One of the interesting questions when test results are reported is “What percentage of the positive results are true positives?” This is a particularly important question for the COVID-19 pandemic because there are a lot of reports that most people with the virus are asymptomatic. Are they really asymptomatic, or just false positives?

The metric we’re interested here is the portion of positive results that are true positives, the positive predictive value, $\mathit{PPV}$:

$$\mathit{PPV} = \frac{\mathit{TP} }{ \mathit{TP} +\mathit{FP} } $$

Which expands to:

$$\mathit{PPV} = \frac{p\mathit{Sn} }{ p\mathit{Sn} + (1-p)(1-\mathit{Sp}) }\tag{2}\label{eq2} $$

It is important to note that $\mathit{PPV}$ is not dependent on $P$, the size of the population being tested. It depends only on the quality parameters of the test, $\mathit{Sn}$ and $\mathit{Sp}$, and the prevalence, $p$. For a given test, only the prevalence will change over time.

Selctivity and Specificity Values

It has been dificult to find specificity and sensitivity values for COVID-19 tests, or any rt-PCR tests; research papers rarely publish the values. Howver, there are a few reports for the values for serology tests, and a few reports of values for rt-PRC tests for the MERS-CoV virus.

We can get values for an antibidy test for COVID-19 from a a recently published paper, Development and Clinical Application of A Rapid IgM-IgG Combined Antibody Test for SARS-CoV-2 Infection Diagnosis2, which reports:

The overall testing sensitivity was 88.66% and specificity was 90.63%

This test is significantly different from the most common early tests for COVID-19; this test looks for antibodies in the patient’s blood, while most COVID-19 tests are rt-PCR assays that look for fragments of RNA from the virus.

The article MERS-CoV diagnosis: An update.4 reports that for MERS-CoV:

Song et al. developed a rapid immunochromatographic assay for the detection of MERS-CoV nucleocapsid protein from camel nasal swabs with 93.9% sensitivity and 100% specificity compared to RT-rtPCR

The article Performance Evaluation of the PowerChek MERS (upE & ORF1a) Real-Time PCR Kit for the Detection of Middle East Respiratory Syndrome Coronavirus RNA5 reports:

The diagnostic sensitivity and specificity of the PowerChek MERS assay were both 100% (95% confidence interval, 91.1–100%).

The Emergency Use Authorization for LabCorp’s rt-PCR test6 reports:

Performance of the COVID-19 RT-PCR test against the expected results [ with NP swabs ] are:
Positive Percent Agreement 40/40 = 100% (95% CI: 91.24%-100%)
Negative Percent Agreement 50/50 = 100% (95% CI: 92.87% -100%)

Using the lower bound of the 95% CI, values convert to a specificity of .90 and sensitivity of .94.

A recent report characterizes Abbott Labs ID NOW system, used for influenza tests. Abbott Labs recieved an EUA, on 27 March 2020, for a version of the device for use with COVID-19. The study of the the influenza version states:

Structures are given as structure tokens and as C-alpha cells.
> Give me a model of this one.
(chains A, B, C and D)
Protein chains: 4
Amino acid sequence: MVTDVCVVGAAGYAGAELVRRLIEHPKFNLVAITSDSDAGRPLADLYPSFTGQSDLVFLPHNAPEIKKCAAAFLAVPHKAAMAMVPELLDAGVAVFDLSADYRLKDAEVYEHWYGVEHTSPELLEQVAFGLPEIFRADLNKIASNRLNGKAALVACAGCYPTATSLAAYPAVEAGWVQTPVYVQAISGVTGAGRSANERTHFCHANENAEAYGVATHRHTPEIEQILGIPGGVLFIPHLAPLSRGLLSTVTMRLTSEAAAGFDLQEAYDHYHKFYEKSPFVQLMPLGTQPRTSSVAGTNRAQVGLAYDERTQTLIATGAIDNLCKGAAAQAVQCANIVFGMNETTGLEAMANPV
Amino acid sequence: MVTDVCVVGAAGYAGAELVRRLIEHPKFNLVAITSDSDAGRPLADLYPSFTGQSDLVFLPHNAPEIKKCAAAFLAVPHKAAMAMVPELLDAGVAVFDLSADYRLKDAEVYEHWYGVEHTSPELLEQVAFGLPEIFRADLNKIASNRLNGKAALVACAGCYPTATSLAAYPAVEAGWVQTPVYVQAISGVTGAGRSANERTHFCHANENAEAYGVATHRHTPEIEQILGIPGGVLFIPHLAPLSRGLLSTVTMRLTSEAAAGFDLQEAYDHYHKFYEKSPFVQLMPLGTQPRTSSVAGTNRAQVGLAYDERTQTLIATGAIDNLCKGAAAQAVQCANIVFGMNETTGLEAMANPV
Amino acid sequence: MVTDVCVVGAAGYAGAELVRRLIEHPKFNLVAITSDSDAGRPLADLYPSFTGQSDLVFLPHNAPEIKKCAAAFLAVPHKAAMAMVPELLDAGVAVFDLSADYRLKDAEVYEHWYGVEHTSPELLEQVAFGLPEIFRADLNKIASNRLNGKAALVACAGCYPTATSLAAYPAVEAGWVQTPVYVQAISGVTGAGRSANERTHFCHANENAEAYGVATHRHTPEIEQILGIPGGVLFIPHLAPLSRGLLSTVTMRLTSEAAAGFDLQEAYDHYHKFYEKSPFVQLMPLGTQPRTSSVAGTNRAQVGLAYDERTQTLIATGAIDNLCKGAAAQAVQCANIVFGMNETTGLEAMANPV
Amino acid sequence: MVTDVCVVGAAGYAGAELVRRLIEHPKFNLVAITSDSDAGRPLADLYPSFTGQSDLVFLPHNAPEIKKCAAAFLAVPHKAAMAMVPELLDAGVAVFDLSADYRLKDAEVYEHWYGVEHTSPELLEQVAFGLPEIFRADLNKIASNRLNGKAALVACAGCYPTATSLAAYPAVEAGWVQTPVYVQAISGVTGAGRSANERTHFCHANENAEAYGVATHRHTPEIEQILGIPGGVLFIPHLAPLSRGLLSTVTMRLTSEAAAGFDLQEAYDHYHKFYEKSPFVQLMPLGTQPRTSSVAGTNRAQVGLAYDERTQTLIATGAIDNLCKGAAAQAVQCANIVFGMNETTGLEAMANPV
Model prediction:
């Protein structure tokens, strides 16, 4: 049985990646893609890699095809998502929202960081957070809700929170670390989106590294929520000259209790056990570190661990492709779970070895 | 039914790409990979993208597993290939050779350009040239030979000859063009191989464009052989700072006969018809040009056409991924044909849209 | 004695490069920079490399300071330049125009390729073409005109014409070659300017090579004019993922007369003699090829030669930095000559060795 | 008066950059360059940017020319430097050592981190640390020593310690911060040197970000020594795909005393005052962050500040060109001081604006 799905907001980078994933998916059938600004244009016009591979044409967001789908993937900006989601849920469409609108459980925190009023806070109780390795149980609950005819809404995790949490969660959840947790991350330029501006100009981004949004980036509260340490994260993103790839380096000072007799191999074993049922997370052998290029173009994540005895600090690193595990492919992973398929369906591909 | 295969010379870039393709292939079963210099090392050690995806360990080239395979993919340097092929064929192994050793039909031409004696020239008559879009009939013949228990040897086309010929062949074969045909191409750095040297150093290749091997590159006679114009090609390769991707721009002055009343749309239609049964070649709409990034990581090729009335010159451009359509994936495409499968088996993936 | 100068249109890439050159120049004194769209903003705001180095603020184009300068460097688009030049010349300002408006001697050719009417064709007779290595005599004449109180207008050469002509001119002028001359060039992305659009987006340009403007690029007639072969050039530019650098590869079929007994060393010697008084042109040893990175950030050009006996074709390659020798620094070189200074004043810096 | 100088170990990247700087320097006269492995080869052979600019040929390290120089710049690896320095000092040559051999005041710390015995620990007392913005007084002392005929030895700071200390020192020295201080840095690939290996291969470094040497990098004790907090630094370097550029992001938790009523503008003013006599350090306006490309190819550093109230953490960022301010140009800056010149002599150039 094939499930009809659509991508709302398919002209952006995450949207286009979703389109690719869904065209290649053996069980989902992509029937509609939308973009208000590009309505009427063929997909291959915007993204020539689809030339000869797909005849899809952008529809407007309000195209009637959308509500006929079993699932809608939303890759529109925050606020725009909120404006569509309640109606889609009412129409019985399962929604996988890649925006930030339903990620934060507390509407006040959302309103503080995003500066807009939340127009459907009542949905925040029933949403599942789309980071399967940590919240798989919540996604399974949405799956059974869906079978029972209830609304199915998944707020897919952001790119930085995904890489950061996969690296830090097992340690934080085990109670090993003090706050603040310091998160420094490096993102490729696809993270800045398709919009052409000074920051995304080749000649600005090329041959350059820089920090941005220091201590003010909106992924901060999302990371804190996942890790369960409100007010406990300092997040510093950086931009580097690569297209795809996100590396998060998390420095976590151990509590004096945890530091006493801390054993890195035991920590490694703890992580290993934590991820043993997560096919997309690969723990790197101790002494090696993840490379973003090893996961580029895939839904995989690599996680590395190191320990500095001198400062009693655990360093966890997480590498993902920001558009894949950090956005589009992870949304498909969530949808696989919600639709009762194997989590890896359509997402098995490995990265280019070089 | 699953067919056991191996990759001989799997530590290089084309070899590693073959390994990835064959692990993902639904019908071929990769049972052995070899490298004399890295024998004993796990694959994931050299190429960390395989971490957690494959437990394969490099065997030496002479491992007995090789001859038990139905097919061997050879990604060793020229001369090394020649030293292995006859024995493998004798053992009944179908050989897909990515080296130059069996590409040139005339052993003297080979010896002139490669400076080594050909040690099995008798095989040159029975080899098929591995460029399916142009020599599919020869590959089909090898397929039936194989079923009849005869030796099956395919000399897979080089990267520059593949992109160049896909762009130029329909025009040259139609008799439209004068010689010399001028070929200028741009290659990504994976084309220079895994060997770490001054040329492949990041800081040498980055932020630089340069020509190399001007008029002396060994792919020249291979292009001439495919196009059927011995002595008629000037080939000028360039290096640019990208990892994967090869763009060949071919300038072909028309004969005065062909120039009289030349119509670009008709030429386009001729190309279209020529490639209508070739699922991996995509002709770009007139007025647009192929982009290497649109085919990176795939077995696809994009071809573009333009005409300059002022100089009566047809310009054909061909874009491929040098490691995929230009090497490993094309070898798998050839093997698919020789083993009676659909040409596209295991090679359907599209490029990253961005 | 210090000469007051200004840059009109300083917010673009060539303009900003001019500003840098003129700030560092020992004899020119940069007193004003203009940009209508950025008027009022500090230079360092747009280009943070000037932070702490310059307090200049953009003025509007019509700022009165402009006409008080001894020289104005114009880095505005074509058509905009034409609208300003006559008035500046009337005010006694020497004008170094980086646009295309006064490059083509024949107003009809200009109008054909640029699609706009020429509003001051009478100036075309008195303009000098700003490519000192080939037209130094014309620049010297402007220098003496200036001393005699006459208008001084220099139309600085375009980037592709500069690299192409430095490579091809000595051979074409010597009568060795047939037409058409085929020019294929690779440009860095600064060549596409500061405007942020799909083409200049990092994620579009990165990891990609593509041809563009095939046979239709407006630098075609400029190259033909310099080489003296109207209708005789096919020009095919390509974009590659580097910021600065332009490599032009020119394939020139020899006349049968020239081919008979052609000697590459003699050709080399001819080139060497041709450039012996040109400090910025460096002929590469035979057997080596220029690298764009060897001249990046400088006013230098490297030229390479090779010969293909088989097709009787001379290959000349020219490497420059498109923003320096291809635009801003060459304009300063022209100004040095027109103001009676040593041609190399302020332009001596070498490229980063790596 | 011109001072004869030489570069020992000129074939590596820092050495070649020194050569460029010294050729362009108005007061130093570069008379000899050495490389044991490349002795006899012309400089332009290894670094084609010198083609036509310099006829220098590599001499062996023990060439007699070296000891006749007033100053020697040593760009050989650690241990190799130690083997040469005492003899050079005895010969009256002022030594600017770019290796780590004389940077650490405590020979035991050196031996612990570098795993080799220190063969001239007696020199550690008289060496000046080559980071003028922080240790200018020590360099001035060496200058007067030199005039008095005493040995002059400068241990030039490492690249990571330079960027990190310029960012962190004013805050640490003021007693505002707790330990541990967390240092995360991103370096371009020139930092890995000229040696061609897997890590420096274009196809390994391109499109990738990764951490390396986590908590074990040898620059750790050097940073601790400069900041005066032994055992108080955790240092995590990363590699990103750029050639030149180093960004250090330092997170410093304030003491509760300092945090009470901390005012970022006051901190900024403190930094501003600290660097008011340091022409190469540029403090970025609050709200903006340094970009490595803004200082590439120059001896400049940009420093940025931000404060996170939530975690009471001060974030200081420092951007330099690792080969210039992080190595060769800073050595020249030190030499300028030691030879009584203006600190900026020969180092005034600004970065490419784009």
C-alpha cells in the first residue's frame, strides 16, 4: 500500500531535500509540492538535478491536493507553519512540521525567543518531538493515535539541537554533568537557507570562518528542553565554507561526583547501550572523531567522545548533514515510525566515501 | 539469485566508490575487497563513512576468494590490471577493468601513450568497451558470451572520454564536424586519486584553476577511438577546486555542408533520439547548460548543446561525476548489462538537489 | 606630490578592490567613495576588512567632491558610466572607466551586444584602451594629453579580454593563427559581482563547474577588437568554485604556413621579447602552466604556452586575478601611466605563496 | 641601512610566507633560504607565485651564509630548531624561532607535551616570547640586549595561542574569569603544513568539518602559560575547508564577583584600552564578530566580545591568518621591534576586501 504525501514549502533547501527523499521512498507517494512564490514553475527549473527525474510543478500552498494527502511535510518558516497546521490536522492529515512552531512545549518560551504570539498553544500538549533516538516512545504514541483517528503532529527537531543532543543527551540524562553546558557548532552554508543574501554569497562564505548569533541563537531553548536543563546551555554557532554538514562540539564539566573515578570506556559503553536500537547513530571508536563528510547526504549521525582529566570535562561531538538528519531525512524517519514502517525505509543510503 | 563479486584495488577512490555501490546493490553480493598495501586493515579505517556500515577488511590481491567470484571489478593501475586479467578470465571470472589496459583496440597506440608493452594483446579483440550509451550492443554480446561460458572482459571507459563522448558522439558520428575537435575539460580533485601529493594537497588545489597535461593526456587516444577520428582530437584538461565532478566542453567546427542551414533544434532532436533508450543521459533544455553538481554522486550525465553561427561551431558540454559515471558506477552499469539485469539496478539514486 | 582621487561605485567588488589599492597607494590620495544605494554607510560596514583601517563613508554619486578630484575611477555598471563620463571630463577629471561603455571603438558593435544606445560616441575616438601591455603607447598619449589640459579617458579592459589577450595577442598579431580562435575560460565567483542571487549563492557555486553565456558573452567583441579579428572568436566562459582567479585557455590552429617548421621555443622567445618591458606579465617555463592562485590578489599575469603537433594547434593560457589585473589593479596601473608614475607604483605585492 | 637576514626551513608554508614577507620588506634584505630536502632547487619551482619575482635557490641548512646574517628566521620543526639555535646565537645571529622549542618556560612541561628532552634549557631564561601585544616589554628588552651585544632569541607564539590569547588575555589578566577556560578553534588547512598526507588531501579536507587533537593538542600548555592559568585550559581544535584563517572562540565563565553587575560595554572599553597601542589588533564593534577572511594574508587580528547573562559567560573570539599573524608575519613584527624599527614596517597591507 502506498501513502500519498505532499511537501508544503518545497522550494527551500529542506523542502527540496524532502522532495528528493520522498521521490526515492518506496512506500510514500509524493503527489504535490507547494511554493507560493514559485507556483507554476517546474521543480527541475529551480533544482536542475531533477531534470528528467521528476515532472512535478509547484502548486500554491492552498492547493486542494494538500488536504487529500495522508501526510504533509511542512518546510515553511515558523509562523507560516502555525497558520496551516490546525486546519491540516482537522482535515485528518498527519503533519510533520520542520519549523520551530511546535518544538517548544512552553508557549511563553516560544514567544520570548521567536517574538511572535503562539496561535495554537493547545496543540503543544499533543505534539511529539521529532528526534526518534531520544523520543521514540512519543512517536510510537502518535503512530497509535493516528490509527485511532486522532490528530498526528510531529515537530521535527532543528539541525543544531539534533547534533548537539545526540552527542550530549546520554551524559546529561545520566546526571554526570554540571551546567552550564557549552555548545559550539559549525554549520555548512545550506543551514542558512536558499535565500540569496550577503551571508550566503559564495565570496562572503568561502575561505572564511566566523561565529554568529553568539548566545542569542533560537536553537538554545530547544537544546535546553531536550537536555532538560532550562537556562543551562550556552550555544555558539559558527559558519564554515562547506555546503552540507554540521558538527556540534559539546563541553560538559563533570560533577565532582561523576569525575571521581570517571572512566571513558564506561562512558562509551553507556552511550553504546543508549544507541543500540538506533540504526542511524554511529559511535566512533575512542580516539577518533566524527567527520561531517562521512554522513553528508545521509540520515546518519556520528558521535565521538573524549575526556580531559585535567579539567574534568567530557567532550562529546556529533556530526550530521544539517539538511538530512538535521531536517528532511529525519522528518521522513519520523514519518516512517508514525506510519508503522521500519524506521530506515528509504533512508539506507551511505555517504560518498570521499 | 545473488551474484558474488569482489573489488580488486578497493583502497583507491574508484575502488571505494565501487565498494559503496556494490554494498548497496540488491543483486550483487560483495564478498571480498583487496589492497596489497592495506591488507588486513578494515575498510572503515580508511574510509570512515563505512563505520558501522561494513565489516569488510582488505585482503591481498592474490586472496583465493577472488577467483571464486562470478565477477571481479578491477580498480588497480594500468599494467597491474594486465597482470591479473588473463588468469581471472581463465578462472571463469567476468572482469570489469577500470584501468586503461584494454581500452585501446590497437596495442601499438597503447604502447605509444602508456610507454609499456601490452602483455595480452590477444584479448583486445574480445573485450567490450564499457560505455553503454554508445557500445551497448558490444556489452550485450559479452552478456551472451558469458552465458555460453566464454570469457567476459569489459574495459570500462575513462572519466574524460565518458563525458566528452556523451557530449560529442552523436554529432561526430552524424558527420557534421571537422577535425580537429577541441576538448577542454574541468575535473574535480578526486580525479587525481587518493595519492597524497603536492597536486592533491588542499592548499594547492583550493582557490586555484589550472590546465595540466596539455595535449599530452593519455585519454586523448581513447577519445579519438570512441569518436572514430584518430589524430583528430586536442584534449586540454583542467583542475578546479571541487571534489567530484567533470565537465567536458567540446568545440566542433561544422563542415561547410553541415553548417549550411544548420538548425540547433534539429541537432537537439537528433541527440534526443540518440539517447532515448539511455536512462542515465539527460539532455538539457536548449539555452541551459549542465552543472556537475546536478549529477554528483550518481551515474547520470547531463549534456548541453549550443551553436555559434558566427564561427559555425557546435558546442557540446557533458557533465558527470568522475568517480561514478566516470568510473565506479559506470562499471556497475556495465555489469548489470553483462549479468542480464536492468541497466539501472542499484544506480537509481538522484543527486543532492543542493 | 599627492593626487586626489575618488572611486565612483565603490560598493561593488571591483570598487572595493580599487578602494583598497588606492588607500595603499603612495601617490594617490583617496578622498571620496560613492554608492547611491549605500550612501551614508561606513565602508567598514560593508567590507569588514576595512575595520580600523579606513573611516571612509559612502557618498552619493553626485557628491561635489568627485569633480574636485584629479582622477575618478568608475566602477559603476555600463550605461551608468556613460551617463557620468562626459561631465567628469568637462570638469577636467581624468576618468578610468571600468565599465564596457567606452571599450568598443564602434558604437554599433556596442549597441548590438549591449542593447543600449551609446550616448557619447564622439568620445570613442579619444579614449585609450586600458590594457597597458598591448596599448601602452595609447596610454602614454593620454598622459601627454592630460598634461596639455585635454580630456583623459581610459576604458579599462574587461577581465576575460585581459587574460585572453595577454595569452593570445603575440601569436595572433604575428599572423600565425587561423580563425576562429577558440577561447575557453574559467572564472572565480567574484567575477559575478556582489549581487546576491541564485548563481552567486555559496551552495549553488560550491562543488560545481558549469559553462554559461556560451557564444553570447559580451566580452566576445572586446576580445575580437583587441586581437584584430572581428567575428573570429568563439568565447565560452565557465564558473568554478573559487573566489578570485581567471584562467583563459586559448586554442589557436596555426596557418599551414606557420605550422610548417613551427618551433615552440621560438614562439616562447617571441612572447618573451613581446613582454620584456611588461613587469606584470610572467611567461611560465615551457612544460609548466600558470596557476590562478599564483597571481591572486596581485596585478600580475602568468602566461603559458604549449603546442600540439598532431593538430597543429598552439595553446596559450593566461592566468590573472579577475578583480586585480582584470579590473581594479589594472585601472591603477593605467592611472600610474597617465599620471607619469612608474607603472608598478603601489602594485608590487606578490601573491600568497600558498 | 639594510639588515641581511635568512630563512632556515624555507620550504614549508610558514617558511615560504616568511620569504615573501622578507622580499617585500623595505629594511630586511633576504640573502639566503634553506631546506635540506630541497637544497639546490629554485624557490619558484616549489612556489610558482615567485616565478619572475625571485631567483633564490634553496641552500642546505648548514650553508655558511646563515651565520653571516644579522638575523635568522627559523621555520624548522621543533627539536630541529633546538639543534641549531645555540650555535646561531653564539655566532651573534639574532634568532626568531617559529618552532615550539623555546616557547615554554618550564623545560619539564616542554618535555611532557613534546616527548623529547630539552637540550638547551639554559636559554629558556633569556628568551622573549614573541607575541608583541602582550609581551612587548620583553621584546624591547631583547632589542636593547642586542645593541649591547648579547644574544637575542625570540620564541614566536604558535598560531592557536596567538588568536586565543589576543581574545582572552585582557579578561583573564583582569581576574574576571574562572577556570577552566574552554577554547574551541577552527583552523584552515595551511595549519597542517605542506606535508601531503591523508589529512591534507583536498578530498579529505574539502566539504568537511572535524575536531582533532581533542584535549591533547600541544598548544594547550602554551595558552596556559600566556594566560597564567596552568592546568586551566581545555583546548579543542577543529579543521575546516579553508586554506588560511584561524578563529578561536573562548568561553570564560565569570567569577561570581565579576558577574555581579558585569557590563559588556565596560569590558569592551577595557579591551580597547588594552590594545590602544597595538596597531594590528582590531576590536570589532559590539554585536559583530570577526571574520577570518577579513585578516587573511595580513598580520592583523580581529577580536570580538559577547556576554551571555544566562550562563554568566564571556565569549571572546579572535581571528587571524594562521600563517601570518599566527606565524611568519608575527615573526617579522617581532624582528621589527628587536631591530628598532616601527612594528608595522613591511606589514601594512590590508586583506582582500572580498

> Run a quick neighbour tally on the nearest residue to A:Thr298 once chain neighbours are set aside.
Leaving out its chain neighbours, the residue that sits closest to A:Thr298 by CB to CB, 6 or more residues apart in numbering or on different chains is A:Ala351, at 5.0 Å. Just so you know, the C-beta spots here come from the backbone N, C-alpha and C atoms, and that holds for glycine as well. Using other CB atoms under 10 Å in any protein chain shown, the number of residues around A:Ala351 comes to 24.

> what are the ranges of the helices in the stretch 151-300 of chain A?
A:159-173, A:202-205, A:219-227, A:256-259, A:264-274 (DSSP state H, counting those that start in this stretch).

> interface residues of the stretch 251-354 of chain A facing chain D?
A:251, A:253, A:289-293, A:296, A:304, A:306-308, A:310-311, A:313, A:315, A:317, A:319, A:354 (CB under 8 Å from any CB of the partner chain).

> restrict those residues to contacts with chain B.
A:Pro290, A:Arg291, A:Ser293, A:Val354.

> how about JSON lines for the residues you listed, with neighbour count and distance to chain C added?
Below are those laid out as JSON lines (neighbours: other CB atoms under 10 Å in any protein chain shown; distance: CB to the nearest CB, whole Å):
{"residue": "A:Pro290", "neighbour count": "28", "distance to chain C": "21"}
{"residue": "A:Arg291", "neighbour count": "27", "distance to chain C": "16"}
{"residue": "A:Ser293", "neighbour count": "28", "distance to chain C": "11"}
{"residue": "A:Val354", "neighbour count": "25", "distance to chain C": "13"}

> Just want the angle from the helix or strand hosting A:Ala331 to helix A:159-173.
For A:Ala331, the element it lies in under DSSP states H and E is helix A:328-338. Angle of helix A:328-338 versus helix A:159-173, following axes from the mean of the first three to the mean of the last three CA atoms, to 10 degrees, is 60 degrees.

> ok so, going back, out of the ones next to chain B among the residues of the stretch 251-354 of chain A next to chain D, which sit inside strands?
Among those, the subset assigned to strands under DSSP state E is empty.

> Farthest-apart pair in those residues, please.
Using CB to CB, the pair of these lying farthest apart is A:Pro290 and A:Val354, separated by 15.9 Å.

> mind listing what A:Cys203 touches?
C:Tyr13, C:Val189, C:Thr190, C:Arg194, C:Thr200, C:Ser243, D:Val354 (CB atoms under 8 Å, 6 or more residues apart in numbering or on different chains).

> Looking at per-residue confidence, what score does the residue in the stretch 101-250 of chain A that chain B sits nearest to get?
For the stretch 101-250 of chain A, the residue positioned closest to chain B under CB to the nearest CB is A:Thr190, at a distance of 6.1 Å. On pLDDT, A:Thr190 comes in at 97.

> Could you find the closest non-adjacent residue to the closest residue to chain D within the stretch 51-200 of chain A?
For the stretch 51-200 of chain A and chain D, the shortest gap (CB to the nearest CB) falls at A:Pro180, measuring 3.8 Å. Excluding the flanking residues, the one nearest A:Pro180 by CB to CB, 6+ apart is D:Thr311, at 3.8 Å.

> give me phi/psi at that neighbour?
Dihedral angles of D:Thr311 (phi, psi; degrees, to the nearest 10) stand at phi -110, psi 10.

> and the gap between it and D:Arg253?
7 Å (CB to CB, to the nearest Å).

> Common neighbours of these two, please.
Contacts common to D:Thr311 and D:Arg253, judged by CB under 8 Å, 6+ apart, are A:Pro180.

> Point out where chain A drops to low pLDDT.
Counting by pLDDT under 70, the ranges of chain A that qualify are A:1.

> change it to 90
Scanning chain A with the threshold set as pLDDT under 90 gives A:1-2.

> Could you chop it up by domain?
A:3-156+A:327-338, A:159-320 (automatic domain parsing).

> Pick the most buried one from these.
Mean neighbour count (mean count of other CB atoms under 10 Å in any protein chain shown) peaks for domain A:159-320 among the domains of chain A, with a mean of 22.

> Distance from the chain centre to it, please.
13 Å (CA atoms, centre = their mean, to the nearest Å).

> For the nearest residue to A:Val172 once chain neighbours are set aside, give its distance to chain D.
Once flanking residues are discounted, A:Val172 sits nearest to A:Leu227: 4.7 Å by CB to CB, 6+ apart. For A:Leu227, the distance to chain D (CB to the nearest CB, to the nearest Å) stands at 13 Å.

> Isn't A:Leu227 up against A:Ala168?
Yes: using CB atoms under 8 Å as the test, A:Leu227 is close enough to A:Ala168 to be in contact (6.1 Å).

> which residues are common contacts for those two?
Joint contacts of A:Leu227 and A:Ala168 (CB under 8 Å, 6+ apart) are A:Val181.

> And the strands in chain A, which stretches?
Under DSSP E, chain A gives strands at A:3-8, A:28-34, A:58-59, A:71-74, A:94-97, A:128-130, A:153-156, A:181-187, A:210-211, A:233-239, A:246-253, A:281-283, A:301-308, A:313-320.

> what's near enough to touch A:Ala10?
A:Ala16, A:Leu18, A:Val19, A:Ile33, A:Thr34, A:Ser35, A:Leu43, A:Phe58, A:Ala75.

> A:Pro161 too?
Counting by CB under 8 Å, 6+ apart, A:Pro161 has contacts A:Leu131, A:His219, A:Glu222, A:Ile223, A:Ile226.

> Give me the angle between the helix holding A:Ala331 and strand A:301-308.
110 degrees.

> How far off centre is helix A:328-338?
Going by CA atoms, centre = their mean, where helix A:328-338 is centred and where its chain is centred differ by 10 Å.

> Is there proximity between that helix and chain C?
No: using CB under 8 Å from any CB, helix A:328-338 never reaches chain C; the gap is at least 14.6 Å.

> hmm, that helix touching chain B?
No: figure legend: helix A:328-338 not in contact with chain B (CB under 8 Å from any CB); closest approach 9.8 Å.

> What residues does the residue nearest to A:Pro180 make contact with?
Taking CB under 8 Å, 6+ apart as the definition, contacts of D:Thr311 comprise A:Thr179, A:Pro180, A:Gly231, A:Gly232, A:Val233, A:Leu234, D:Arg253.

The sensitivities of ID NOW 2 for influenza A were 95.9% and 95.7% in NPS and NPA, respectively, and for influenza B were 100% and 98.7% in NPS and NPA, respectively. The specificity was 100% for both influenza A and influenza B in NPS and NPA.

The results section of the paper provides these parameters, when compared to rRT-PCR:

Virus Parameter ID NOW 2 ID NOW 2 VTM
type A Sensitivity (95% CI) 95.7 (89.2-98.8) 96.7 (90.8-99.3)
Specificity (95% CI) 100 (89.3-100) 100 (89.3-100)
Type B Sensitivity (95% CI) 98.7 (93.0-100) 100 (96.2-100)
Specificity (95% CI) 100 (98.5-100) 100 (98.5-100)

A recent Medscape article7</sup> on the specificity and sensitivity of Influenza tests reports:

In a study of the nucleic acid amplification tests ID Now (Abbott), Cobas Influenza A/B Assay (Roche Molecular Diagnostics), and Xpert Xpress Flu (Cepheid), Kanwar et al found the three products to have comparable sensitivities for influenza A (93.2%, 100%, 100%, respectively) and B (97.2%, 94.4%, 91.7%, respectively) detection. In addition, each product had greater than 97% specificity for influenza A and B detection.

Rapid antigen tests generally have a sensitivity of 50-70% and a specificity of 90-95%. Limited studies have demonstrated very low sensitivity for detection of 2009 H1N1 with some commercial brands.

Based on these values, we’ll explore the effects of sensitivity and specificities in the range of .9 to 1.

PPV For Serology Test

First we’ll look at the positive prediction value for the antibody test in reference (2), which has the lowest published Sp and Sn values at .9063 and .8866. The plot below shows the portion of positive test results that are true positives s a function of the prevalence.

The important implication of this curve is that using a test with low Sp and Sn values in conditions of low prevalence will result in a very large portion of false positives.

False Positives for LabCorp’s test